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DAN FRENCH has an M.A. in Rhetoric, and a Ph.D. in Media Studies, but don't let that fool you. And he still hasn't mailed us an 8 X 10.

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Dan French

The original "What Works"
"Tom Kenney"

"Inside the Box, Pt. II"
TV Development

"Whose Line is it Anyway?"
French's gag in a Quote-A-Crostic!

"Inside the Box, Pt. I"
TV Programming

"Your Showcase Set"
How to craft an L.A.-ready set

"The Clogged Drain of Comedy"
Who belongs on the stage? Comedy in L.A.

Why move to L.A.?

"Good Side/Bad Side"
What does comedy mean to a culture, post-911?

What should a manager do?

"Standup on TV"
What does TV want?

"Cash for Words"
Writing for dollars

"Stoking the Joke Machine"
Writing for a living

"Screenwriting for Standup Comics"
Just what it says

"Random Realizations"
Wisdom born of experience

Casting Season in L.A.

"Ladies & Gentlemen: A Job"
Working at Best Damn Sports Show Period

"LA Freefall for All"
It happens to everyone: Freefall!

"Hollywood or Bust"
How to change to succeed in L.A.

"How Edgy"
Column #2

"How Hip"
Column #3

"Who Writes Your Stuff?"
Why don't comics ask for help?

"The Art of Standup"
What would we gain by "turning up the art"

"Christmas Wish List"
Holiday column

"Getting Exercised"
A writing exercise

"High Octane"
Road vs. L.A., Monologist vs. Performer

"Inside the Box, Pt. I"
Television Programmers

"Inside the Box, Pt. II"
Television Production and Development

"Castle Breached"
Working at Late Late Show, Network television gig!

"I Like LA"
The third of five columns on writing comedy for money

"Hollywod Carousel"
Between BDSSP and Late Late Show, what I learned


Stoking The Joke Machine

This is the second in a series of articles on the beginning, scratching, just-getting-into-the- fringes-of-the-game echelons of doing comedy writing for a living in LA. Maybe someday I'll write about writing in the big leagues; right now, you get to hear what I know, and I know the beginnings.

Last month I wrote about my experiences writing standup for other comics, and I concluded that, well, it's often a pain in the ass. Little money, lots of creative misstepping, and mostly a tradeoff on future favors that may or may not (okay, probably not) ever pan out. Not really where any of us want to get.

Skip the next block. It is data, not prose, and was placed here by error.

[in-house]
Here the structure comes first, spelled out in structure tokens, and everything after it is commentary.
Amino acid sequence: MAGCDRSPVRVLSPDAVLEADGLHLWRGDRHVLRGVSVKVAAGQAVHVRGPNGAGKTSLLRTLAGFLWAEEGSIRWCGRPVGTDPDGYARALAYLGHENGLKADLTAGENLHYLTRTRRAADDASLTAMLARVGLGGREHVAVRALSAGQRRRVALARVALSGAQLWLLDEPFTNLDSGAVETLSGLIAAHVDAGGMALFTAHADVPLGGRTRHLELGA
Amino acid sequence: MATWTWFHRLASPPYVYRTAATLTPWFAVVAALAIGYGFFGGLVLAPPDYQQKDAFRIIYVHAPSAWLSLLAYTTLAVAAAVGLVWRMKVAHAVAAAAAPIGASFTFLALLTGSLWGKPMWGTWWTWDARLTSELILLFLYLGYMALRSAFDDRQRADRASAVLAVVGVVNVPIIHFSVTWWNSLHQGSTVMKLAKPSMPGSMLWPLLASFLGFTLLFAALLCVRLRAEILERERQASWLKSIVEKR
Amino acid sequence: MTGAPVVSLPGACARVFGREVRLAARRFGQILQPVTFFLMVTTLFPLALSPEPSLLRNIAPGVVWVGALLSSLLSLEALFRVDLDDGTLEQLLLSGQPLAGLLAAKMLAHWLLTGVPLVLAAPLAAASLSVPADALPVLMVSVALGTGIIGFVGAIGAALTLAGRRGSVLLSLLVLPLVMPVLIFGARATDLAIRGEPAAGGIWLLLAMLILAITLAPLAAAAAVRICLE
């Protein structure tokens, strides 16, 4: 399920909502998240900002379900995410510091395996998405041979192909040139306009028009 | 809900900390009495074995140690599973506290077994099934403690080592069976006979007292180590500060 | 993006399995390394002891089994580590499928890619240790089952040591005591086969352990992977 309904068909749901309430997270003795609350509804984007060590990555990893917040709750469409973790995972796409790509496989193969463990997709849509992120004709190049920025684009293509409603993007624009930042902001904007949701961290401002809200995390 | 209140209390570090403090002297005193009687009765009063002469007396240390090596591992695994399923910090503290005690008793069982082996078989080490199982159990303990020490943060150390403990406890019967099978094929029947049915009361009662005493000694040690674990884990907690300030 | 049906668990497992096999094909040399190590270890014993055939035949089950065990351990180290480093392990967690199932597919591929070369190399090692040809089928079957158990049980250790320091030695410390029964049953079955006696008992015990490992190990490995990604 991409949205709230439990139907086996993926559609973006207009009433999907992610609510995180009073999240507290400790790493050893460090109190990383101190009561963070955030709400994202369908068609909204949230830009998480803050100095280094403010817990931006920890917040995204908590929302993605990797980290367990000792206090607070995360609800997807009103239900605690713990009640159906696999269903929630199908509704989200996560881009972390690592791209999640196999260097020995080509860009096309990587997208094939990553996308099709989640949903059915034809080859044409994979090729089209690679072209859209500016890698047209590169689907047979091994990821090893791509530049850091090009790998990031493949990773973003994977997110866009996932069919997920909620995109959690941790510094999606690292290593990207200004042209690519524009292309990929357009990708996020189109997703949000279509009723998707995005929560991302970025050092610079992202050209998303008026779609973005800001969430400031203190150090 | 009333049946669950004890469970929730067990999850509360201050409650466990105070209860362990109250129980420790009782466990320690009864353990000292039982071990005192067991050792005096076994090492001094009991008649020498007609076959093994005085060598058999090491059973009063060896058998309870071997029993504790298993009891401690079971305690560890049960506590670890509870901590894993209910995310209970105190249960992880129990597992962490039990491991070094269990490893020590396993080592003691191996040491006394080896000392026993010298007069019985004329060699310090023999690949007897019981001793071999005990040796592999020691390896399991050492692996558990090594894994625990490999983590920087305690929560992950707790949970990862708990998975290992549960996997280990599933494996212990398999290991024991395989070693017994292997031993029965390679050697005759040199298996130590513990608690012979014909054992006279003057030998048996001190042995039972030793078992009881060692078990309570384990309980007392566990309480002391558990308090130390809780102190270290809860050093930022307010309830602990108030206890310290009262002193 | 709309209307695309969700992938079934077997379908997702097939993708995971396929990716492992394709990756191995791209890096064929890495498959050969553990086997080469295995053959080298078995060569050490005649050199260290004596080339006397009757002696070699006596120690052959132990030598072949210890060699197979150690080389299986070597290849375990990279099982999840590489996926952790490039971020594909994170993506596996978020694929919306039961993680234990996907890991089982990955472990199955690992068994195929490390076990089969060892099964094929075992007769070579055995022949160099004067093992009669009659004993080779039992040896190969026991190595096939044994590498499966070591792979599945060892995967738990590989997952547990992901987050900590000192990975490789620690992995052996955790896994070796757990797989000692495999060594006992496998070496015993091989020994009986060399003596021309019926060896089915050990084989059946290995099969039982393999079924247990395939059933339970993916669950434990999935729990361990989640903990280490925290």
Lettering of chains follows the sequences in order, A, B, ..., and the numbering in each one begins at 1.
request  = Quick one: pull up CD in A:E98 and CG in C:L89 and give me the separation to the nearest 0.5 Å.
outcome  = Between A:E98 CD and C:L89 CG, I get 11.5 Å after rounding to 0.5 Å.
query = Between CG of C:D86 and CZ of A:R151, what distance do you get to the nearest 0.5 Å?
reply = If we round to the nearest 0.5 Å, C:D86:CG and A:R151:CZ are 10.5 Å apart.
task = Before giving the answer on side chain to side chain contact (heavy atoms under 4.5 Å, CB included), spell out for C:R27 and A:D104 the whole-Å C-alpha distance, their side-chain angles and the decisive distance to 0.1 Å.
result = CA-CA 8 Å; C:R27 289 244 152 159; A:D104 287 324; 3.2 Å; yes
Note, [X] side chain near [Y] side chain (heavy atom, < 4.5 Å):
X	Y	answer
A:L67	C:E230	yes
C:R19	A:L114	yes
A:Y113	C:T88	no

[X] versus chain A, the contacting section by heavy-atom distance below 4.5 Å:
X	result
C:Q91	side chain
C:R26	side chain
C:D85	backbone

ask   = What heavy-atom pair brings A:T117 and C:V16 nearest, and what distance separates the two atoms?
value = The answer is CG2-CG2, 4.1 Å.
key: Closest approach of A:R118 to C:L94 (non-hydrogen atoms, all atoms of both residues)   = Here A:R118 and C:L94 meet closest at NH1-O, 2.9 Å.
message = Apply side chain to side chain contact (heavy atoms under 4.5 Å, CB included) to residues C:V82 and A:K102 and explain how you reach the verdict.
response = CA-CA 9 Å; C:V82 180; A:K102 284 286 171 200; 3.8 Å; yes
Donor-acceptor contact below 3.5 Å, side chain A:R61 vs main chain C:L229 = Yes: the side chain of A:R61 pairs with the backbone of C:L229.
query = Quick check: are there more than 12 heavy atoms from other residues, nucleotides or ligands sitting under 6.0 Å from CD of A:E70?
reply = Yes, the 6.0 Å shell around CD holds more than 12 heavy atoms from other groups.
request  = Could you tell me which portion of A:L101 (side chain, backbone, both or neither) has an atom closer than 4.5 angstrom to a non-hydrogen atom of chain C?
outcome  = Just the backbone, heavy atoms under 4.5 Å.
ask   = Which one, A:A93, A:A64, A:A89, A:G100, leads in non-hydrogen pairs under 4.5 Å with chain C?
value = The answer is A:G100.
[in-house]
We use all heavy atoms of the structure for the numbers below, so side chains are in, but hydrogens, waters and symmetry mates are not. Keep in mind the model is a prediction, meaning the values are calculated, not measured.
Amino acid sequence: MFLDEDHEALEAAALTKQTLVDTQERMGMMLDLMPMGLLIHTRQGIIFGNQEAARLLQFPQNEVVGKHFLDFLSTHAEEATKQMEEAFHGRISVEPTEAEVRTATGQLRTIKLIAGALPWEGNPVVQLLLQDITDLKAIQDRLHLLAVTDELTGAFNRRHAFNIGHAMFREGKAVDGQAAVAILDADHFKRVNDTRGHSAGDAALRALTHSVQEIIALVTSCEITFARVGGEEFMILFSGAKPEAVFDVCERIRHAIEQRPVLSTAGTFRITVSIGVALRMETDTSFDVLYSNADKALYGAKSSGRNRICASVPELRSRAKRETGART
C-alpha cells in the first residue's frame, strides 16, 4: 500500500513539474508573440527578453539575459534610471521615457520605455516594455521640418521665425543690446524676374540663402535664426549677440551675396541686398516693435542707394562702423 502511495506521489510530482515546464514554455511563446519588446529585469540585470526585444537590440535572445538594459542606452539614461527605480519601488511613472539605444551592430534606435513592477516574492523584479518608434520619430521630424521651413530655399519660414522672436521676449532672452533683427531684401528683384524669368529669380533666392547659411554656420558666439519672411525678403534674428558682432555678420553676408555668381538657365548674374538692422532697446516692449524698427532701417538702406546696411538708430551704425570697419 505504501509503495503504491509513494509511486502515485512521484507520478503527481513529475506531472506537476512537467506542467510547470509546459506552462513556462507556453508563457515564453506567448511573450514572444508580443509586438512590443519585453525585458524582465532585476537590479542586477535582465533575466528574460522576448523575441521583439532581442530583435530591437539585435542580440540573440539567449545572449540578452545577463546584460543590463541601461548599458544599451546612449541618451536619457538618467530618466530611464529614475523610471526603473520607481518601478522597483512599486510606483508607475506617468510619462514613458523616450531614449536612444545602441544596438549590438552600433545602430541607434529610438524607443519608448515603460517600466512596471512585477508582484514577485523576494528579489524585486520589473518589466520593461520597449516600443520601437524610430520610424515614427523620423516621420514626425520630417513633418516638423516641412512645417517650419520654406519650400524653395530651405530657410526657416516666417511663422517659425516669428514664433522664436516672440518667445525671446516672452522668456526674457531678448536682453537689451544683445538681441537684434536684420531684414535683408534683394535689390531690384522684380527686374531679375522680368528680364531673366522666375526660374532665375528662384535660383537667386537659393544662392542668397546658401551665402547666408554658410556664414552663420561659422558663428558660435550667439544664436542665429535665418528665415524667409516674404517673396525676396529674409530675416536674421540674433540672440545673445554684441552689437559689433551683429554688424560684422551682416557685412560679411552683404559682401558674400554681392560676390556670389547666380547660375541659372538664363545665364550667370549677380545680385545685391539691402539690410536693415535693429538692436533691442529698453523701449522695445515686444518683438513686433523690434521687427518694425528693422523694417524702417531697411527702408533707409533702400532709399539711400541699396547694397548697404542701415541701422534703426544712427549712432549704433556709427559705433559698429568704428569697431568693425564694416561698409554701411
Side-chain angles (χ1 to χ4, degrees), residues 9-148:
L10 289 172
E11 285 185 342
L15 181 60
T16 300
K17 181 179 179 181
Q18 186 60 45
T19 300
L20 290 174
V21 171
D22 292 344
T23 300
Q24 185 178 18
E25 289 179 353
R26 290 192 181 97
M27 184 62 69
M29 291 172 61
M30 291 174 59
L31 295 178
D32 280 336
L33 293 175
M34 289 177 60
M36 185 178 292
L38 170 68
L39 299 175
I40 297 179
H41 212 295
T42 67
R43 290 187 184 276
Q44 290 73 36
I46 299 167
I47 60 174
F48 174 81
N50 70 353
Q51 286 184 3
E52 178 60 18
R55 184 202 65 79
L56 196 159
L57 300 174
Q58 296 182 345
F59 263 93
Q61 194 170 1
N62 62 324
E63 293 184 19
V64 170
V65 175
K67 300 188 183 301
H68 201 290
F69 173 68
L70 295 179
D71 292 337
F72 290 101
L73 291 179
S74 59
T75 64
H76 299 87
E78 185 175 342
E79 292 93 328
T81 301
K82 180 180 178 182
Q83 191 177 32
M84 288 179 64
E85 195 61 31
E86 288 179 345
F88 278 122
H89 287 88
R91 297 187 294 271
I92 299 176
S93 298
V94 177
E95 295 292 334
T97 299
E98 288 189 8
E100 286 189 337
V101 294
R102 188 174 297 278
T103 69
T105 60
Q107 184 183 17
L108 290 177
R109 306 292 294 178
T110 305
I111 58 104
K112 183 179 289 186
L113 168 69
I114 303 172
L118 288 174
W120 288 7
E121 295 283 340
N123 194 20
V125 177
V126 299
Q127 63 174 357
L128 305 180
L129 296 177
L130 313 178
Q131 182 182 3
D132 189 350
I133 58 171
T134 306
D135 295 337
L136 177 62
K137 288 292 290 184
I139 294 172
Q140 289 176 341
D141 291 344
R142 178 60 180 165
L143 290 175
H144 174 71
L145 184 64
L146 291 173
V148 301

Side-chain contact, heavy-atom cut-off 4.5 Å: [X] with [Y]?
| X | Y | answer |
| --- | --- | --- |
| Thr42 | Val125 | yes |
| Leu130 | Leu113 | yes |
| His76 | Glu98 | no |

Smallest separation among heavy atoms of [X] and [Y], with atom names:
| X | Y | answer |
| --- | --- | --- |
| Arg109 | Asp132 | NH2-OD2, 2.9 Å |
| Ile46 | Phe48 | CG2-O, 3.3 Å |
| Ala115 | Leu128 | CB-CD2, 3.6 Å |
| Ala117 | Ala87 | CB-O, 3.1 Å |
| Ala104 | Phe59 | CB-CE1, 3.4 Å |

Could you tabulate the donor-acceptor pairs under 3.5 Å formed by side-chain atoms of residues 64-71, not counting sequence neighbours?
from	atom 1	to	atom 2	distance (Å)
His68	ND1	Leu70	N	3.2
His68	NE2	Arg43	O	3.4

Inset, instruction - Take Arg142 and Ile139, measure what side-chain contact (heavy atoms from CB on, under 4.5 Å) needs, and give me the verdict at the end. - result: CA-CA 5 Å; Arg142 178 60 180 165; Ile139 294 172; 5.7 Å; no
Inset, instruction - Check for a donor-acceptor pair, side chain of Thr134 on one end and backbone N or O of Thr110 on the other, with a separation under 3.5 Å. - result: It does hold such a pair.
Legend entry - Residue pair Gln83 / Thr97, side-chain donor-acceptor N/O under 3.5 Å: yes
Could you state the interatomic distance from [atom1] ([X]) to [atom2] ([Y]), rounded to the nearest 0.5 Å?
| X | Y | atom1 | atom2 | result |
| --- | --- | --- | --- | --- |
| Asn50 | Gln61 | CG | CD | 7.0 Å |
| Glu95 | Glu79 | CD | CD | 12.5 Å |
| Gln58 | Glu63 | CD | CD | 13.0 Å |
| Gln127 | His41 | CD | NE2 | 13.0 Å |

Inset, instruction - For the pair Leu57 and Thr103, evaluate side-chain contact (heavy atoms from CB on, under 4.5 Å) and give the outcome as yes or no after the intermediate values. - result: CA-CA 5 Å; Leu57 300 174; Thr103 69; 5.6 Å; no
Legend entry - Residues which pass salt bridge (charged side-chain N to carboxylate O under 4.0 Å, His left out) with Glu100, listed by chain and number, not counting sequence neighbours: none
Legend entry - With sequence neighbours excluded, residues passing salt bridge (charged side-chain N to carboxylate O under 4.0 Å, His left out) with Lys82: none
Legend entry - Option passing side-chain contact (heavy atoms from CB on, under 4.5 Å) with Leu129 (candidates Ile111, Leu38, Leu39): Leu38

This month I'm going to talk about my other gig of the moment, which is a little more stable, just a tiny bit more lucrative, and almost sounds like the nibblings of a real writing job. That is the job of writing daily humor.

* * * * * *

Every night I sit down at my computer, pull up CNN or YahooNews or the AP wire, and turn whatever I find there into jokes. I do this not because I like to alchemize the serious b.s. of the world into my own less serious b.s. (which I admit is kind of fun), but because I make money for it.

I am paid by a daily radio prep service to write topical jokes for radio dj's. For those who don't know (and why would you want to, really), a radio prep service supplies all the raw material and even some finished product for radio dj's around the country. Since those wacky morning teams don't have budgets that can sustain writers, and since they're really not very funny on their own, they pay a measly fee each month for a mass-mailed morning sheet that they can adapt to their own purposes.

There are probably thirty or so of these prep services in the country, most of them consisting of one unfunny guy trying to write the whole thing, and doing a horrible, horrible job of it. There are also some that are bigger than the one I write for, and some that actually supply fully-produced radio bits that can be run, as is, on the air.

The sheet I write for is kind of impressive, in its own niche little way. The guy who runs it used to be a producer for Rick Dees, and every day his staff puts together about 30 pages of Entertainment News, Politics, World Happenings, Stupid News, Celebrity News, Music News, This Day in History, Deaths, etc. It doesn't break new ground, but it's usually funny enough, and it even has that slight hint of cynicism that might make it palatable to standup comics.

The section I submit to is called "Jokes." Whereas the editors might rant on for a paragraph or more about some celebrity, I write dagger-like one-liners. Joke jokes. The kind you would hear during a Letterman, Kilborne, Conan monologue. I would include Leno, but I can't write that pap, so...

I had thought about writing for radio off and on for awhile. I knew Dan Whitney before he became Larry the Cable Empire, and that seemed like a good gig. I watched Rick Kerns pull himself out of the trenches of his life and do well in Denver radio. And since talk radio eats up constant material-- every day the big maw of air-time requires its funny food-- there has to be some room for guys who can feed the monster.